Imagine how better we’d sleep if we cared a lot less about celeb gossip or our friends voted, and more about being generous and seeking beauty? Wouldn’t our lives be better if we quit comparing ourselves to the latest Instagram model and more seeking Truth and Love? Shouldn’t a relationship with the Divine be life-changing and free us from trashy TV and internet browsing?

I submit we can do better. We shouldn’t do better so we can boast on Facebook about how successful we are – we should do better because it makes us and the world around us happier.


Mickey is a consultant, author, and keynote speaker. He believes everyone can reach high levels of performance if inspired and led. During his 30 year US Air Force career Mickey commanded thousands of Airmen, managed portfolios worth billions of dollars, and worked with military, civil, and industry officials around the world. He is a Distinguished Graduate of the Eisenhower School at National Defense University in Washington DC.

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More on Generational Differences UPDATED

Posted Leave a commentPosted in Practical Leadership

generation-gap-2Generational differences are nothing new, but each generation seems to find new ways to separate themselves from their parents.  Sometimes it’s intentional as in the Parisian students’ social rebellions of 1968, and sometimes it’s just coincidence and technology that widen the generation gap.

In any event, for leaders to be effective we need to make an attempt to bridge the generational divide and invite the younger generation to do the same. After all, leadership at it’s most basic level is motivating people to accomplish something; and the human “terrain” is no less important than  any other piece of “key terrain.”

For example, did you know most people in the millennial generation don’t listen to their voicemail? Ever? And sometimes they don’t even answer the phone!  Unlike my generation where a ringing phone was a force of nature to be dealt with now, millennials have grown up with caller ID…they know who’s calling and they decide if you’re important enough to interrupt whatever they’re doing to talk to you.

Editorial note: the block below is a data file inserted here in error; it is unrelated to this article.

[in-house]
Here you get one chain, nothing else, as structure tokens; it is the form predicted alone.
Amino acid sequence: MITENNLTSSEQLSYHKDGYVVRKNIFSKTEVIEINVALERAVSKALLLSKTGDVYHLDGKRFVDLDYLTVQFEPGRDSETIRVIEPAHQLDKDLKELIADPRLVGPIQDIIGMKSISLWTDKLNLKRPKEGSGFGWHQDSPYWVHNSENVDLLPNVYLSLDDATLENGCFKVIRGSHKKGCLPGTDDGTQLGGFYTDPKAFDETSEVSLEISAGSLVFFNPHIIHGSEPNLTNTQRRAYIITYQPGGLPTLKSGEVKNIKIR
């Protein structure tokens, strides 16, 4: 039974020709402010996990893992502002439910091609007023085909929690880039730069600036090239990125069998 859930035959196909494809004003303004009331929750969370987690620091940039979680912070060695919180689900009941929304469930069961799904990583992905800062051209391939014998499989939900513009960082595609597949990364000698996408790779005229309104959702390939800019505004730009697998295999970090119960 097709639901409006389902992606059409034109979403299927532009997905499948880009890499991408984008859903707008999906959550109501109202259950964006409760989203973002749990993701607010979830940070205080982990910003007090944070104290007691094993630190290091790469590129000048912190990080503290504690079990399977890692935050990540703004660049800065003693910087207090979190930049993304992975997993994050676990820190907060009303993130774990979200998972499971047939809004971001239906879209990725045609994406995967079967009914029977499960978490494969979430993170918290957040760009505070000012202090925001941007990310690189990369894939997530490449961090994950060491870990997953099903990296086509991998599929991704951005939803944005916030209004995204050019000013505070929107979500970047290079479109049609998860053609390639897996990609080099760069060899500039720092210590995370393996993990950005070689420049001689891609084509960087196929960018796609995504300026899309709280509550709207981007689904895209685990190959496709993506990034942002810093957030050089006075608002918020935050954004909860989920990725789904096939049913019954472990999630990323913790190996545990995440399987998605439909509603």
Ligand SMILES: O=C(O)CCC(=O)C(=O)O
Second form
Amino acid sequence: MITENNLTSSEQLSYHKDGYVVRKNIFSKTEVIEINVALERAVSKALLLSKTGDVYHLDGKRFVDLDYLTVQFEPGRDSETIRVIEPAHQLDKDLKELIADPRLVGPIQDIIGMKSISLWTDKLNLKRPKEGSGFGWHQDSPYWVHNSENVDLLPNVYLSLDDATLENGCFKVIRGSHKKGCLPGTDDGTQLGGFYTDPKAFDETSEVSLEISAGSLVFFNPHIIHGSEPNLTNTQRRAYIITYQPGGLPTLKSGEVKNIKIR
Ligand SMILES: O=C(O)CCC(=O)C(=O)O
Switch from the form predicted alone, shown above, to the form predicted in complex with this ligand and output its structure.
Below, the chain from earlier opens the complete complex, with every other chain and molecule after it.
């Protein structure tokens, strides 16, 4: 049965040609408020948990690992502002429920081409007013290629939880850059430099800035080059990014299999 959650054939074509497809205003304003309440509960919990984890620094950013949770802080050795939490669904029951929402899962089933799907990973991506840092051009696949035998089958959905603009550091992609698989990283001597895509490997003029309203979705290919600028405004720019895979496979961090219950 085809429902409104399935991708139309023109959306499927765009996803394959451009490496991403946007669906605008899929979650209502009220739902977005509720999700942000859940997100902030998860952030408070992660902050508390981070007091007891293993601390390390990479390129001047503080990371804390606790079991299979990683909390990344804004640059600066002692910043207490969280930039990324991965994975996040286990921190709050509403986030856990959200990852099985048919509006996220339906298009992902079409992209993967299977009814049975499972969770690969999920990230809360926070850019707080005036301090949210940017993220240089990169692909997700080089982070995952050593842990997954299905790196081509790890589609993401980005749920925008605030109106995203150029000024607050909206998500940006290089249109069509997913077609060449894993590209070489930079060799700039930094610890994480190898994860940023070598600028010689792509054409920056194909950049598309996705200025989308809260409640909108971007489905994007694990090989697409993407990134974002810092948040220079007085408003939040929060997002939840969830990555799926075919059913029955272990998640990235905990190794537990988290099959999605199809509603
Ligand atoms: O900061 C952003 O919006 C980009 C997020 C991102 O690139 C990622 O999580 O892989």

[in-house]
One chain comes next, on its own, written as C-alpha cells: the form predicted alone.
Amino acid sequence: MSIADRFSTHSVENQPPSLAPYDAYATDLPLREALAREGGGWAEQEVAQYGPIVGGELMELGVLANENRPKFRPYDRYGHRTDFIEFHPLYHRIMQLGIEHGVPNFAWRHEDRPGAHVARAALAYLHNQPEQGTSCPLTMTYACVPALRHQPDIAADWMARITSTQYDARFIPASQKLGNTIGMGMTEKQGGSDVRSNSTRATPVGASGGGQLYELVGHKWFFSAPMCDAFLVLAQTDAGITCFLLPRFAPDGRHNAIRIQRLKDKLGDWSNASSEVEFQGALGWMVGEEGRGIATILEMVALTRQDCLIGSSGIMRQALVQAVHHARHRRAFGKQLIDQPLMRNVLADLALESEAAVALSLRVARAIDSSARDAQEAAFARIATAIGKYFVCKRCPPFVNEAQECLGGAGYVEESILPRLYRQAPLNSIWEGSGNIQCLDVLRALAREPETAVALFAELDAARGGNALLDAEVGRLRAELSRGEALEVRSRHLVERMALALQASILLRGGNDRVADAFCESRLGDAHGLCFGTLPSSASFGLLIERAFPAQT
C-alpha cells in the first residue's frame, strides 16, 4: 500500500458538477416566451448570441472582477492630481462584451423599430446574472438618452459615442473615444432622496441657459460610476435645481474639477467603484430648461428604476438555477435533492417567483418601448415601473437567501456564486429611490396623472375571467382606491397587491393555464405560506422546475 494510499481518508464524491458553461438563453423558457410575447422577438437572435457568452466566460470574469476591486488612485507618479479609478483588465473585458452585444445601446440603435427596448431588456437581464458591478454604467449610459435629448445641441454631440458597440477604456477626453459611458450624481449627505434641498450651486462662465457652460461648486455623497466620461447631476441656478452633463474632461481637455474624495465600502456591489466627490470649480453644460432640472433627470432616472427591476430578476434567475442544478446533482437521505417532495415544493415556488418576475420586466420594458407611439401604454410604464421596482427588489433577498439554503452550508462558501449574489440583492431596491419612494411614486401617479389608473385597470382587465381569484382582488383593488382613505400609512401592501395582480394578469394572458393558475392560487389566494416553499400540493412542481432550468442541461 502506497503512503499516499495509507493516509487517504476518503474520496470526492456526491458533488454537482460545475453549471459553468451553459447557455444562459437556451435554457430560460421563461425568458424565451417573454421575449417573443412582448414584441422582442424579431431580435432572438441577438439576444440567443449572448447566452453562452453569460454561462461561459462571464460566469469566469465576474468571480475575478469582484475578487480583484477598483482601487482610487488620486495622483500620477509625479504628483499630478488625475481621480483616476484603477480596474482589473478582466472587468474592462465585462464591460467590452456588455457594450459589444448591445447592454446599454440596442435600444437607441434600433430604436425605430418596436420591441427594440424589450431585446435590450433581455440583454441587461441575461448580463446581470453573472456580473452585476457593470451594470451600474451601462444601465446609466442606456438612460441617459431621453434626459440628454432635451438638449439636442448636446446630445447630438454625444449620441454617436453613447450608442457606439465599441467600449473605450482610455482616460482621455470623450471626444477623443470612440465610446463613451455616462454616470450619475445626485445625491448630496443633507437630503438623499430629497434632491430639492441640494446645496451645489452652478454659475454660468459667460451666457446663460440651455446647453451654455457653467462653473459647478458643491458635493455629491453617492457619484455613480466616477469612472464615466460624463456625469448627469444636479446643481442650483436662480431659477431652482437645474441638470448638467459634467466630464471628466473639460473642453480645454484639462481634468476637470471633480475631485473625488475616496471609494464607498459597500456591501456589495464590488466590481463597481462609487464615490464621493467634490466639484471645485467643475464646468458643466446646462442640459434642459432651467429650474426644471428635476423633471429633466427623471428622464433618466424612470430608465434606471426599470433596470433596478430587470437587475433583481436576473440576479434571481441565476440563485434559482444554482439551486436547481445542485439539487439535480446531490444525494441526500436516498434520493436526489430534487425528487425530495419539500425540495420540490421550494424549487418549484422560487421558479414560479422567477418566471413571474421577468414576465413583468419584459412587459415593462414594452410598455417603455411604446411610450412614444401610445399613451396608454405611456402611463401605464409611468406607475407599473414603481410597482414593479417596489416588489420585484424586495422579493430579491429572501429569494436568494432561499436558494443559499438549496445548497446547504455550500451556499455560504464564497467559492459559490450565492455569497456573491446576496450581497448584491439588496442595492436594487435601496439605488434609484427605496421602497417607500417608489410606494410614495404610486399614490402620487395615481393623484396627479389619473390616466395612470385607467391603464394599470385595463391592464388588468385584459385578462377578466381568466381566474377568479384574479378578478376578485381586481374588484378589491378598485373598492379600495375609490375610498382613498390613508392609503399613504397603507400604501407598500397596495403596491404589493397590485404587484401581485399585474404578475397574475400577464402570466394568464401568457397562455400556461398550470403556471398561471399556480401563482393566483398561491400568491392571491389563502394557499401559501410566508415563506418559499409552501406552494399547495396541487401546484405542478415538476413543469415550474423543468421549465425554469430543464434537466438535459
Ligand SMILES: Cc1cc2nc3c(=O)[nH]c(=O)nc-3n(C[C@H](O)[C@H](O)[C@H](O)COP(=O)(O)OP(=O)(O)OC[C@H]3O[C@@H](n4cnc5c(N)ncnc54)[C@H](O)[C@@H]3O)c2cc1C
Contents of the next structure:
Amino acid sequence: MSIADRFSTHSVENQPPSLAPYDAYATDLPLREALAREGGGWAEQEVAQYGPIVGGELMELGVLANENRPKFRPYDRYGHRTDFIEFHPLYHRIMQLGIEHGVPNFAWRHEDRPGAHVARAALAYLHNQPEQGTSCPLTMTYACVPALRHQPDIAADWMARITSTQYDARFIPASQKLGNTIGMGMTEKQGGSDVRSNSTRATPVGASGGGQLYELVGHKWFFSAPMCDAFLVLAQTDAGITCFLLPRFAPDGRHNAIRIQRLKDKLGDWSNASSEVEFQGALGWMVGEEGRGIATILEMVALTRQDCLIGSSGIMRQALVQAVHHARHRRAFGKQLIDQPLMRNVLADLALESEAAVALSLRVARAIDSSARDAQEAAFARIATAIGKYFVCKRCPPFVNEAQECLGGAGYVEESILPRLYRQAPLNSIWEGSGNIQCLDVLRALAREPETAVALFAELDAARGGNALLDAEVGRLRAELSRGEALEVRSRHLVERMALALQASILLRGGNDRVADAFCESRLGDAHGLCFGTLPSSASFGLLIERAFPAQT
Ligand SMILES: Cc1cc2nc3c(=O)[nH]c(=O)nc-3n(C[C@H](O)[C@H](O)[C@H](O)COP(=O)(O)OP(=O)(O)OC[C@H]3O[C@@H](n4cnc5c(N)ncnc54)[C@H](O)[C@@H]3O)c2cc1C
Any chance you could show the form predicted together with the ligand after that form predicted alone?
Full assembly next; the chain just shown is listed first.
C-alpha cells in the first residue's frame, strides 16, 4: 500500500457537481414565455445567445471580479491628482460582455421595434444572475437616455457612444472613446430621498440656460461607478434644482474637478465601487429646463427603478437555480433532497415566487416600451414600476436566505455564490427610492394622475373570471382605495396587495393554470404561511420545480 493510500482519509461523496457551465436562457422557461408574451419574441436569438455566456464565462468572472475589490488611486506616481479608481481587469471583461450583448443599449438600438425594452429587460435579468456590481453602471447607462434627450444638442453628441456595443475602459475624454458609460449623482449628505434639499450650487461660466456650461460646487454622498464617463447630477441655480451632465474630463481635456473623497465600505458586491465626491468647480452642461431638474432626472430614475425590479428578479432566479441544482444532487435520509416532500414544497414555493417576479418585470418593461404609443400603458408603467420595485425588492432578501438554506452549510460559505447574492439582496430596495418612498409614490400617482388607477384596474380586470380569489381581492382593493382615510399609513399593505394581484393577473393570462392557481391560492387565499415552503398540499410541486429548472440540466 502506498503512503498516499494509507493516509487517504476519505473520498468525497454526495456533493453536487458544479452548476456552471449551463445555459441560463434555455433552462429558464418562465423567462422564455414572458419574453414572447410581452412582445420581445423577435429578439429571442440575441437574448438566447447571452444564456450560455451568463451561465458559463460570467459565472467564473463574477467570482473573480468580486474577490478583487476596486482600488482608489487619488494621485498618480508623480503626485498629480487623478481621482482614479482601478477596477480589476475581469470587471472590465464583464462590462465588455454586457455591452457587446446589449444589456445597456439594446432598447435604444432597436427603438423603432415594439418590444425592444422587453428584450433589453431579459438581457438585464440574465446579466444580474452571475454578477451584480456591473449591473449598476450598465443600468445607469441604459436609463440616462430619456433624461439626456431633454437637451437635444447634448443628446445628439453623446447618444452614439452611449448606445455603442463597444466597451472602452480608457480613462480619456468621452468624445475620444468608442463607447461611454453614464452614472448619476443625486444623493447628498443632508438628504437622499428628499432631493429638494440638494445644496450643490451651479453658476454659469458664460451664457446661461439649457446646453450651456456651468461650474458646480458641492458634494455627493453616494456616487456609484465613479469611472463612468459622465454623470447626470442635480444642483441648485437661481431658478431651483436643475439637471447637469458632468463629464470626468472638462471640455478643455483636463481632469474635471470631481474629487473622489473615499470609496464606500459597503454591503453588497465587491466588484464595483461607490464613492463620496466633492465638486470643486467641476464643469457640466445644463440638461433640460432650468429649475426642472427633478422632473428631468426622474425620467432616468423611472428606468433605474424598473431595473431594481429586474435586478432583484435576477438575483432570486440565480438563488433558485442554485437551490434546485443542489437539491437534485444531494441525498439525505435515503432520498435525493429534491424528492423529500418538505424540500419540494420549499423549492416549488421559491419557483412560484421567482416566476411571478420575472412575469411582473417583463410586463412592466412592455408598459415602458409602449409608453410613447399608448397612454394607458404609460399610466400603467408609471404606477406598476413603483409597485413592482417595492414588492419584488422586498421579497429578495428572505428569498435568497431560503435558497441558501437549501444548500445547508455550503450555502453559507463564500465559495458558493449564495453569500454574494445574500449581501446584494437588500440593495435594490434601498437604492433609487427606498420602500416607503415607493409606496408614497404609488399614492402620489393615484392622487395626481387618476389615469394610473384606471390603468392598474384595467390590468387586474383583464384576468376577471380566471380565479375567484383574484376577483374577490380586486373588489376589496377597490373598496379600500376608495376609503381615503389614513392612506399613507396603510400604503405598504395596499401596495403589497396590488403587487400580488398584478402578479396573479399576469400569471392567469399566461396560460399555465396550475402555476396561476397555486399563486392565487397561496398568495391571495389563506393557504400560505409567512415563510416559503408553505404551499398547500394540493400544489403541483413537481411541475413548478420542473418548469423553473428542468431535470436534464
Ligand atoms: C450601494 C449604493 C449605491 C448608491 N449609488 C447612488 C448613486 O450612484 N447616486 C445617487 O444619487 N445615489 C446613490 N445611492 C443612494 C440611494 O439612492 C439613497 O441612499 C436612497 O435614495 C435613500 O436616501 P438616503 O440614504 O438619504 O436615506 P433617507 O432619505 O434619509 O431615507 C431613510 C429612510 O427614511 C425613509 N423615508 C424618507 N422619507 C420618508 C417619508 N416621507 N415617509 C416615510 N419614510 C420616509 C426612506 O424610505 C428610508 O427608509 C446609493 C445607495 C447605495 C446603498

Over at Inc.com, Suzanne Lucas schools us “seasoned citizens” on the younger generation now entering the workforce by expounding on the famous Beloit College “Mindset List” :

The following factors influence the mindset of the members of this year’s entering freshman class:

  • When they see wire-rimmed glasses, they think Harry Potter, not John Lennon.
  • During their initial weeks of kindergarten, they were upset by endlessly repeated images of planes blasting into the World Trade Center.
  • Hong Kong has always been part of China.
  • Ads for prescription drugs, noting their disturbing side effects, have always flooded the airwaves.
  • There has always been a national database of sex offenders.

The young men and women “coming up” this fall are bright, energetic, and ready to take on the world’s problems. As leaders, we can help them reach their goals (and ours) by “getting” where they come from.  It shouldn’t be a one-sided affair, however, because youth and energy can’t compete with experience and education. Just like we learned the timeless arts of leadership and adulthood from our fathers and mothers, it’s incumbent upon us to pass those some lessons on to them. The trick here is to bridge the generational difference and present the lesson in a way the student can understand.

UPDATE: A millenial praises voicemail.